Dp won't let me have a hb!!! - Page 3 - Mothering Forums

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Old 12-14-2007, 01:13 AM
 
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Read my birth story for a plethora of reasons to stay far far away from hospitals.

Victim of Birth Rape & Coerced ribboncesarean.gifUnnecesareanribboncesarean.gif What makes people think they can cut up someone else's genitals? nocirc.gif
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Old 12-14-2007, 01:26 AM
 
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Originally Posted by rachel_eva View Post
my MIL is from a "third world" country in south america. she hb'd her first 10 kids and then had a hospital birth for her last. she ended up locking the doctor out of the room and birthing alone rather than have them mess with her anymore.
I think your MIL is my new short-term duration personal savior.
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Old 12-14-2007, 01:28 AM
 
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I told my DP (then darling boyfriend) that until he grew a uterus and pushed the baby down his birth canal and out of his vagina he could choose to be there or not be there, but he couldn't pick where the "there" was.

I have had 3 posterior births. Do you know what the chances are that my births would have gone without intervention in the hospital? Zero. I would have ended up with at least one c-section. Why? In a hospital, most OP presentations are considered "unbirthable". Well, at my house I have a 100% OP birth rate. If your DP is deluding himself that a hospital can "manage" complications better and refuses to even consider the birthing mother's perspective, I suggest you stop participating in discourse with him and make an executive decision.

1- DS#1 was turned sideways (transverse). He was presenting with his shoulder/neck/upper back. My MW tried to turn him externally but was unable to so she tried an internal version. She successfully turned him to a head-down position. I continued to labor and he was born Occipital Posterior.

2-DS#2- OP with two nuchal hands. Almost born in his caul. After bag broke during crowning, my DP manipulated one of his arms somehow and he "popped" right out! (He was a UC).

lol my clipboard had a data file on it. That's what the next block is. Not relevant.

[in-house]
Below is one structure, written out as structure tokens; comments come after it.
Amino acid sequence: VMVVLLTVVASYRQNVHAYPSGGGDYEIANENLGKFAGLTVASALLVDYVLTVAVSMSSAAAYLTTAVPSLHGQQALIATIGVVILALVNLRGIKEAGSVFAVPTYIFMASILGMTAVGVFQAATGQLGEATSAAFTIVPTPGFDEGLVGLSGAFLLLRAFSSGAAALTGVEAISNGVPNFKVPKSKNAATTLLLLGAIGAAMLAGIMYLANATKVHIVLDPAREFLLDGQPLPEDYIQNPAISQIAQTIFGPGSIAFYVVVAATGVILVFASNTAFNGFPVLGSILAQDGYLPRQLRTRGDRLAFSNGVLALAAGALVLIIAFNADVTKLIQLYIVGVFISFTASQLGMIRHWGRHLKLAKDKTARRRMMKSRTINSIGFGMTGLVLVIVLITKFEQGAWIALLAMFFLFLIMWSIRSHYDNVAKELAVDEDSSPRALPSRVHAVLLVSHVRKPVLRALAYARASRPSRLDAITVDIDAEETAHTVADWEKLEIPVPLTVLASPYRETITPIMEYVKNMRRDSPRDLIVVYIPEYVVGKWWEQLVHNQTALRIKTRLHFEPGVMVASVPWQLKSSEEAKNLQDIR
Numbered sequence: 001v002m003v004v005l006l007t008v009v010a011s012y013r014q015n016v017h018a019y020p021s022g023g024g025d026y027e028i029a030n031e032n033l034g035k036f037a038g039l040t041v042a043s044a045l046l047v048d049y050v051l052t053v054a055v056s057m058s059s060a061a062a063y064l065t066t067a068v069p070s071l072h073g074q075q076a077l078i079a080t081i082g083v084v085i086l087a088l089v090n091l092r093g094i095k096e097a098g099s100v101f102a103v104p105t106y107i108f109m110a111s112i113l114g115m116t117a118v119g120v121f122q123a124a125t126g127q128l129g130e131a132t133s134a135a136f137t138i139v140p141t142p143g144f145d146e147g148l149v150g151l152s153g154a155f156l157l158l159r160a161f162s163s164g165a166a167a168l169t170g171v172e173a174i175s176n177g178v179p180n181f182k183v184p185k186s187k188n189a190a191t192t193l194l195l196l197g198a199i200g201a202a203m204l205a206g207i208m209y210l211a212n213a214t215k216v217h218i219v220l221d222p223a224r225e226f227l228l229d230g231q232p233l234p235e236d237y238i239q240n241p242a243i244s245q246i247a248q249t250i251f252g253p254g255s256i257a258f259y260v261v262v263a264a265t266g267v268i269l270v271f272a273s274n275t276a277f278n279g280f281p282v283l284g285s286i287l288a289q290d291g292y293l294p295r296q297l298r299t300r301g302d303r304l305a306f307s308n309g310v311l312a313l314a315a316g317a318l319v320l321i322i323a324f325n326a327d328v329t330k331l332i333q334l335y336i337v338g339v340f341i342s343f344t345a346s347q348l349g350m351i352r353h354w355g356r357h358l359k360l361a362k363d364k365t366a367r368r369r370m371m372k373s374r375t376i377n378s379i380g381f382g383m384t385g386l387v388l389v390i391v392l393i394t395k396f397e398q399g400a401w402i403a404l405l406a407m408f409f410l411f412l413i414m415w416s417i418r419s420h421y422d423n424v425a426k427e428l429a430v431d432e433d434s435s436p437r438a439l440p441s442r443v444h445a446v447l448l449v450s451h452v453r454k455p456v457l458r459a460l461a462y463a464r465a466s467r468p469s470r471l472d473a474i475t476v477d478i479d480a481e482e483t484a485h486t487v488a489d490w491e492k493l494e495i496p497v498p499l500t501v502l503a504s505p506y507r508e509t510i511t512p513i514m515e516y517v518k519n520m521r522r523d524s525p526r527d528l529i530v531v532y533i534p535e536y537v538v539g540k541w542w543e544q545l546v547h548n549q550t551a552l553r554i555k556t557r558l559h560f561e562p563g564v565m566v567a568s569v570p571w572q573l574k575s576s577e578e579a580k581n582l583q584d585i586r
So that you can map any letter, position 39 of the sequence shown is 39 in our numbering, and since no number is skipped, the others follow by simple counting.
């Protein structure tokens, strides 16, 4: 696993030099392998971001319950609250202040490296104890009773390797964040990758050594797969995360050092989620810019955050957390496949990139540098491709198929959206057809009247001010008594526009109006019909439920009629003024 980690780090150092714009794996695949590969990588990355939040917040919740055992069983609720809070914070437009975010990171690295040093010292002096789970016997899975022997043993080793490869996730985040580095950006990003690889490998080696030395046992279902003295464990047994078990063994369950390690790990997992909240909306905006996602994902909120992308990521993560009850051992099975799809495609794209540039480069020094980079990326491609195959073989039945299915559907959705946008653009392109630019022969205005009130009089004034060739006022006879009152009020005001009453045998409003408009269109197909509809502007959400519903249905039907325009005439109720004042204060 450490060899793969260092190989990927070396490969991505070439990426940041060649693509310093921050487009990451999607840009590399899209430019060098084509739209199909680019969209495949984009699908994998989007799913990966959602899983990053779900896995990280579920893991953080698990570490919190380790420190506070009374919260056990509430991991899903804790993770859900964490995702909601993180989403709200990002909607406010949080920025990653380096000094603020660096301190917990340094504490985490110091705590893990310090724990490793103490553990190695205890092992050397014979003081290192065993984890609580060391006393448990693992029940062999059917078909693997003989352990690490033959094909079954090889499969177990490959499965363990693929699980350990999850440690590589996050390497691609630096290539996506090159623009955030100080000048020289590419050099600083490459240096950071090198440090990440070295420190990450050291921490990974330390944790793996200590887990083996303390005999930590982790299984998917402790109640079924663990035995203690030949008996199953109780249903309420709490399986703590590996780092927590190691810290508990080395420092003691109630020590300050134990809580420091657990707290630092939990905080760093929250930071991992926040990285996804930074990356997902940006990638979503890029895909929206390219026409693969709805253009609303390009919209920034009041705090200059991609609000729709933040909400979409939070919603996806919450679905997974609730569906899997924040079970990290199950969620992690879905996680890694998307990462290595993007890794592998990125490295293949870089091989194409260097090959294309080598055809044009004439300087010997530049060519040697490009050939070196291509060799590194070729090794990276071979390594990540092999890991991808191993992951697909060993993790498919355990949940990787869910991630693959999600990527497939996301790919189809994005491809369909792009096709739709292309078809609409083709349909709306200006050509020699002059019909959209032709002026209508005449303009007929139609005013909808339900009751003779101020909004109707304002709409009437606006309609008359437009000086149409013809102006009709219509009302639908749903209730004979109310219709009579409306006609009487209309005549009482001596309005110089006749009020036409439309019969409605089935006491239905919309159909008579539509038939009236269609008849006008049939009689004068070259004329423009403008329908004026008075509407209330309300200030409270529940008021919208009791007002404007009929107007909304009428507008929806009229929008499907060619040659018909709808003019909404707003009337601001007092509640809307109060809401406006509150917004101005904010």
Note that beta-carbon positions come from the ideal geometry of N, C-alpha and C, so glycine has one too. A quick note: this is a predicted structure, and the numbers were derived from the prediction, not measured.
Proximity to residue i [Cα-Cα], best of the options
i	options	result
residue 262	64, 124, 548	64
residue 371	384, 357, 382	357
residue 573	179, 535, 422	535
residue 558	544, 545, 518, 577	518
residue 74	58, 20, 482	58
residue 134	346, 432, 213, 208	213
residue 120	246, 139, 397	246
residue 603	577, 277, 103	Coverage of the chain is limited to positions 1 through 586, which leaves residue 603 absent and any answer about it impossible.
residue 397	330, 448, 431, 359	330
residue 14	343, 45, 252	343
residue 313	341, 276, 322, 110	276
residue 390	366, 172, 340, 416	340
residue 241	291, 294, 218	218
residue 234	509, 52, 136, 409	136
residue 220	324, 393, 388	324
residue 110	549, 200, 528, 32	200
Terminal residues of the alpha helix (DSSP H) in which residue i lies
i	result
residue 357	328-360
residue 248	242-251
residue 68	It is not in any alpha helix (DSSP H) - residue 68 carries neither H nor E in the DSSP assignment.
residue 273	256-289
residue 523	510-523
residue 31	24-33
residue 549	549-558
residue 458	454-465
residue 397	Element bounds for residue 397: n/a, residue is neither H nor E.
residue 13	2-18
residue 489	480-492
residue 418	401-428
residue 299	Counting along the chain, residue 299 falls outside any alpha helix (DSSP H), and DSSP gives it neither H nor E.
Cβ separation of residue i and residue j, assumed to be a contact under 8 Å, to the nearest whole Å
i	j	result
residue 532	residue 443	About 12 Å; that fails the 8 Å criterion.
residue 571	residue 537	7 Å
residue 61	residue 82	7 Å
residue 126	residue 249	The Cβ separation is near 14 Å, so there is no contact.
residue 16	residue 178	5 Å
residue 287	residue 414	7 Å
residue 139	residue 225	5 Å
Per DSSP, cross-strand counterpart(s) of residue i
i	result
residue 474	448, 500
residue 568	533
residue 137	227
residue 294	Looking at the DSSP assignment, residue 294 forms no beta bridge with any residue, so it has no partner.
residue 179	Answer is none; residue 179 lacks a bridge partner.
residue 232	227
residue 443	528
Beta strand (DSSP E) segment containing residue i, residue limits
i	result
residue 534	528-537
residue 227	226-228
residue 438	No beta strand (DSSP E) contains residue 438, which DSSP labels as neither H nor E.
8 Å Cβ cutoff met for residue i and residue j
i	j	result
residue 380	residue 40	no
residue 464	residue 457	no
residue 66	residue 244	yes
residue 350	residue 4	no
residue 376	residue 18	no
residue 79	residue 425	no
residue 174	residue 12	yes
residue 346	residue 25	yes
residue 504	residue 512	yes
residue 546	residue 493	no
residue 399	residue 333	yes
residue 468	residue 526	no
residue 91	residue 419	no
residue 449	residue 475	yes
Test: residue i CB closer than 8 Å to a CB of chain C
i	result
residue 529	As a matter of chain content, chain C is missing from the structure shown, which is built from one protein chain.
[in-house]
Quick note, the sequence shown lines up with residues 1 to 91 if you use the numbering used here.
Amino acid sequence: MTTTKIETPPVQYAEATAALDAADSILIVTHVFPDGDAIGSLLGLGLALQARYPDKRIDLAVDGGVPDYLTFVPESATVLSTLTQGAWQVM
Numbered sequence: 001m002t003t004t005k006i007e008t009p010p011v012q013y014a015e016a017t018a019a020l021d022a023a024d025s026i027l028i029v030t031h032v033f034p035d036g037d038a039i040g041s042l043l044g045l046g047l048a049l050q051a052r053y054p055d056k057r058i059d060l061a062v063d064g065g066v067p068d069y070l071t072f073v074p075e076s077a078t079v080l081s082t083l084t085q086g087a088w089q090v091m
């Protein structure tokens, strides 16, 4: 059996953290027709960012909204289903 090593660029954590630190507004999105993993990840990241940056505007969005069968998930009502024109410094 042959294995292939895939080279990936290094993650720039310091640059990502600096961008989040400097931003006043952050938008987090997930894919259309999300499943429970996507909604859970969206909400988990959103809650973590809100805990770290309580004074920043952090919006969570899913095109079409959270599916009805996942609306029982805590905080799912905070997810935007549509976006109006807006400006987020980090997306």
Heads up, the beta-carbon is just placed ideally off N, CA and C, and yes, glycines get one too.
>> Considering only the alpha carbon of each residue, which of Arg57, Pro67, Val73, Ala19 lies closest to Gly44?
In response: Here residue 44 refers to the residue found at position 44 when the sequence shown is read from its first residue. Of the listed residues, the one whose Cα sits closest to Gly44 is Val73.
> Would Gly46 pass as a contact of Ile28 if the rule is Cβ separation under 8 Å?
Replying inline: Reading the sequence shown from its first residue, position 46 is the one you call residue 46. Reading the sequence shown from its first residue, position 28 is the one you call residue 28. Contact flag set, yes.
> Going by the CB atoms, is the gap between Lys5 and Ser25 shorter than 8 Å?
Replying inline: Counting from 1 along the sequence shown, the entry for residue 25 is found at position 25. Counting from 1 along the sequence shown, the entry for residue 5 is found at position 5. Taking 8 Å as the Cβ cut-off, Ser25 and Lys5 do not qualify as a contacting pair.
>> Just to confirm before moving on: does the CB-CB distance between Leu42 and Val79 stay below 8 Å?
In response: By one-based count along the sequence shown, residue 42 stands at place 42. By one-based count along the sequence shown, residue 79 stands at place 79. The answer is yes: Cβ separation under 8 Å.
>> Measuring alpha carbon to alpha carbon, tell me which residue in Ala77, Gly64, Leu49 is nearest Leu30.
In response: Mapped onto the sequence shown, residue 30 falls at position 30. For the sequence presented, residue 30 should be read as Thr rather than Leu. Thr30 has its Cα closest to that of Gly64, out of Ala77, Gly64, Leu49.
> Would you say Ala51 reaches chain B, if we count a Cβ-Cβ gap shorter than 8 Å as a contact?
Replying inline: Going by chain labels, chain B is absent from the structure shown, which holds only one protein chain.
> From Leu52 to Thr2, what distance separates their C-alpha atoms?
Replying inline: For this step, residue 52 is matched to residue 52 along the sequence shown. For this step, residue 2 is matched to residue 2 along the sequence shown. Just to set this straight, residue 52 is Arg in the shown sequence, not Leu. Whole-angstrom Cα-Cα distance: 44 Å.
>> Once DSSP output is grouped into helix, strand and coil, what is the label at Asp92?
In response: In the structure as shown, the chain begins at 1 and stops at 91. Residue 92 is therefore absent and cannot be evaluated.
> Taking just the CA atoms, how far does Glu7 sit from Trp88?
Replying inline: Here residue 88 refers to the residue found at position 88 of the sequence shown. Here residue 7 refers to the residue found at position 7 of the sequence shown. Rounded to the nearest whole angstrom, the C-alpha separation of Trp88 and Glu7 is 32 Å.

3- DD- OP

My point is, the choice needs to be yours.
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Old 12-14-2007, 01:49 AM
 
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I agree with PPs about having your DP meet a midwife and have a question and answer session about your concerns. Another thing I would do if possible is to have your DP meet with another man that has attended a homebirth. Get the guy's perspective on it.

The first person to recommend a HB to me was a male co-worker--he was so impressed by how smoothly and how involved the midwives were that he couldn't sing any higher praises and would suggest a HB to anyone he knew was going to have a baby. His wife had 2 Hospital births then a HB and I think it was the complete support the midwife gave his wife and the bonding he was able to do that made him a HB supporter.

Oh and as far as complications go . . . midwives are trained to deal with them, where as OBs are not trained to deal with comforting and supporting a laboring woman or the numerous techniques that can and should be used to progress labor, relax the baby/mother, etc. before resorting to the knife.

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Old 12-14-2007, 02:00 AM
 
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From the time my second dd was born, my dh and I fought about homebirth. Our situation was a little bit different though, because my dd was an accidental uc on the side of the road, on the way to the hospital. DH ended up catching her in the front seat, and I think that experience terrified him. He was terrified because the experience seemed so out of control, because I was in pain and he couldn't do anything about it, and because he just felt so inexperienced and frightened.

We argued about it like crazy. Every time I brought it up, we would fight, and he would yell. We started ttc when my youngest was 3, and it took almost a year, but we fought about it the whole time. I knew that a homebirth was the best option for me- my labor with dd was 45 minutes from start to finish, and no Dr anywhere would "let me" (Ooooh, how I hate that expression!) go into labor on my own, and I refused to be induced. I knew that the chances of another uc were high, and figured that a planned hb would be much safer than another side of the road birth.